Monday, January 12, 2009

New Research from Japan: Coffee Might Protect Against Oral Cancers

According to an AOL Health News article, a study conducted in Japan indicates that coffee may help lower the risk of developing cancer in the mouth and throat.

According the study, "among more than 38,000 study participants aged 40 to 64 years with no prior history of cancer, 157 cases of cancer of the mouth, pharynx and esophagus occurred during 13 years of follow up."

The article notes that "compared with people who did not drink coffee, those who drank one or more cups per day had half the risk of developing these cancers."

The Japanese researchers were quite surprised by the results. While their study indicates that fewer high-risk participants (those who smoked and drank alcohol) developed cancers, the researchers pointed out that not smoking and drinking is the best way to lower your risk -- but if you do continue these behaviors, drinking coffee may help.

Monday, January 5, 2009

Ensure Your Cosmetic Dentist Has Advanced, Live Person Training

A Bridgeport, CT woman was awarded $198,000 because a cosmetic dentist promised her a "celebrity" smile but what she got instead was "horse teeth."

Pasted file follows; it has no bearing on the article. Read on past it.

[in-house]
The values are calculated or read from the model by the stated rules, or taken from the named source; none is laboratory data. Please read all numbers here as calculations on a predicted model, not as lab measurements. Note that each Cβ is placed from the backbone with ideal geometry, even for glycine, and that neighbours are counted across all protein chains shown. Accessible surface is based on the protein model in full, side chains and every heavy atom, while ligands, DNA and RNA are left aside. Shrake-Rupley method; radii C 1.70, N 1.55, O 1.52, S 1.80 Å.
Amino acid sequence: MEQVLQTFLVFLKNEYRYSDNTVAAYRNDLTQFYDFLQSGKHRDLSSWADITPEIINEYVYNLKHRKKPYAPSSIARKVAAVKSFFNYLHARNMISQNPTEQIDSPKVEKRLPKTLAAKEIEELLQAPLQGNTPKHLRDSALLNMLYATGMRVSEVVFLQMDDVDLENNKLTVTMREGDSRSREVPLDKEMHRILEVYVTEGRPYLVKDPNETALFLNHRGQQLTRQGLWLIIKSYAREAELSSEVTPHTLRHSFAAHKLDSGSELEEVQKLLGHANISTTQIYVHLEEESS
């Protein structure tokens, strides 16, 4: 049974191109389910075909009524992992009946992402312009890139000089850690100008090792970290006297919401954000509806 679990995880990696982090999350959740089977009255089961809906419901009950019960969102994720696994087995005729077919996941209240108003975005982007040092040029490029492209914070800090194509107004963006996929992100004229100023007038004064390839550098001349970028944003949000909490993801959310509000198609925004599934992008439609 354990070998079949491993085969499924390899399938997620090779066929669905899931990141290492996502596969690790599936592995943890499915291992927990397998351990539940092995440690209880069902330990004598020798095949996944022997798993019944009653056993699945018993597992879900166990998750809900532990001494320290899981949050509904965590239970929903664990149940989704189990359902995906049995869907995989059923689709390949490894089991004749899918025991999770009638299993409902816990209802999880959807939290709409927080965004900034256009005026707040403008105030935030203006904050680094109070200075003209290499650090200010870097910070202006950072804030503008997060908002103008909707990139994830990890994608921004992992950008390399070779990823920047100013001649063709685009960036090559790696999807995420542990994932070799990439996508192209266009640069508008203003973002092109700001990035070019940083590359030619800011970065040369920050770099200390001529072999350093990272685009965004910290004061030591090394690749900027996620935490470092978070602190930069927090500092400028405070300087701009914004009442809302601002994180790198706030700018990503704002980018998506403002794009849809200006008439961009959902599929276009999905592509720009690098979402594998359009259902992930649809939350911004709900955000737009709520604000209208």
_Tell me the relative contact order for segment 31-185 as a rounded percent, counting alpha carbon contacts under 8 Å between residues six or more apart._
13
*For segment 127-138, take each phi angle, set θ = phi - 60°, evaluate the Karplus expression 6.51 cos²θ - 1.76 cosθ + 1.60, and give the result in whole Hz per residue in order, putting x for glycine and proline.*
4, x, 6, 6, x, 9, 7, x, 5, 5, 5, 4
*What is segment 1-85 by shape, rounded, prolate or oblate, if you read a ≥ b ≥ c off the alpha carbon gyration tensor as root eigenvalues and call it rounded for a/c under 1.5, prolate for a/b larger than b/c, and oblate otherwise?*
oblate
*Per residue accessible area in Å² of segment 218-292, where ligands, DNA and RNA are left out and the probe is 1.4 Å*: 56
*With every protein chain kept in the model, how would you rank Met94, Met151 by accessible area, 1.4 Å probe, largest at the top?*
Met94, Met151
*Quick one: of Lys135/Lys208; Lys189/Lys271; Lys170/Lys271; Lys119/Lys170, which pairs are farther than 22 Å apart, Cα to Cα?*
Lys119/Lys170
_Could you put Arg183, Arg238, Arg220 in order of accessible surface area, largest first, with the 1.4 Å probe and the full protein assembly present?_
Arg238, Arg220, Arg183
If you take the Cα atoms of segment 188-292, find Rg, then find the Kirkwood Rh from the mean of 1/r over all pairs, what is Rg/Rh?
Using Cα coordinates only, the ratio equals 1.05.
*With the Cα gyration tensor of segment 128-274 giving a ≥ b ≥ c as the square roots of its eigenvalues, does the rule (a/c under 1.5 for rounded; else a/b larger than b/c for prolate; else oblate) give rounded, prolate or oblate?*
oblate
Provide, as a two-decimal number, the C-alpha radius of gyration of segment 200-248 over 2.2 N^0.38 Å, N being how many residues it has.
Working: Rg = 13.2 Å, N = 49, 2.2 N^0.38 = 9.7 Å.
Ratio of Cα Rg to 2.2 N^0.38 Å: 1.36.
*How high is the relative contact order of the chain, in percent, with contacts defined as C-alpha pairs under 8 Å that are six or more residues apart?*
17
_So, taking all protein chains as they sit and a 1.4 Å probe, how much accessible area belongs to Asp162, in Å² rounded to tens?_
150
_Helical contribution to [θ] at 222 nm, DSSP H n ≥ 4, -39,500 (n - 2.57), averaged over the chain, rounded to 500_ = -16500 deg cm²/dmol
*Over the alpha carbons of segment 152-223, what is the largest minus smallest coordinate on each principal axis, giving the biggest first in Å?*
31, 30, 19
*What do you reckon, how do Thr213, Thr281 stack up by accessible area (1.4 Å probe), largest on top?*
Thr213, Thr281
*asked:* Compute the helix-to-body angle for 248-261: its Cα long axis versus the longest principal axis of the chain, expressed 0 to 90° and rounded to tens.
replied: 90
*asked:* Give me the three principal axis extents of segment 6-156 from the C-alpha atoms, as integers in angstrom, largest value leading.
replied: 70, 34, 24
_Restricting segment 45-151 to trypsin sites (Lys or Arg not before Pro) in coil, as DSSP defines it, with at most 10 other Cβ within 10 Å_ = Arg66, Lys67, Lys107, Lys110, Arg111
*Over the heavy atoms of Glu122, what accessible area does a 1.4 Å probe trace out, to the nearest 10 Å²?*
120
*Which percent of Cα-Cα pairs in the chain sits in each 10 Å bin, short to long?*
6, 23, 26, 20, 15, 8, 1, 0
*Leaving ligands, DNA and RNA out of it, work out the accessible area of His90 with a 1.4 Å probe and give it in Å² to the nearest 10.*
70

I won't comment on whether or not the dentist in question was competent.

What really matters is that as a consumer, you must ensure your dentist (and any medical professional) is licensed and has undergone rigorous live-person training in all procedures.

Any dentist can say he or she specializes in veneers, but what does this mean?

Does the dentist have live-patient training in advanced procedures from institutions such as the Las Vegas Institute of Advanced Dental Studies or the Rosenthal Institute?

Has he or she been trained to fully evaluate the patient, including the patient's facial structure and teeth shape?

Does he or she perform procedures with exacting detail? Sure, any dentist can perform a simple veneer procedure, but is the dentist measuring gums and teeth down to the exact millimeter?

Does he or she work with a trained ceramist in order to ensure natural looking teeth color? (And, when dentists are pressed to make their production number, do they even find it worthwhile to take this extra time?)

As a consumer, you must, must, must research your dental professional and his/her training and experience BEFORE you lay thousands of dollars on the table.

It's very easy to believe in dentists' radio and TV ads . . . but the results -- a poorly designed smile that looks unnatural and lasts only a few years -- speak for themselves.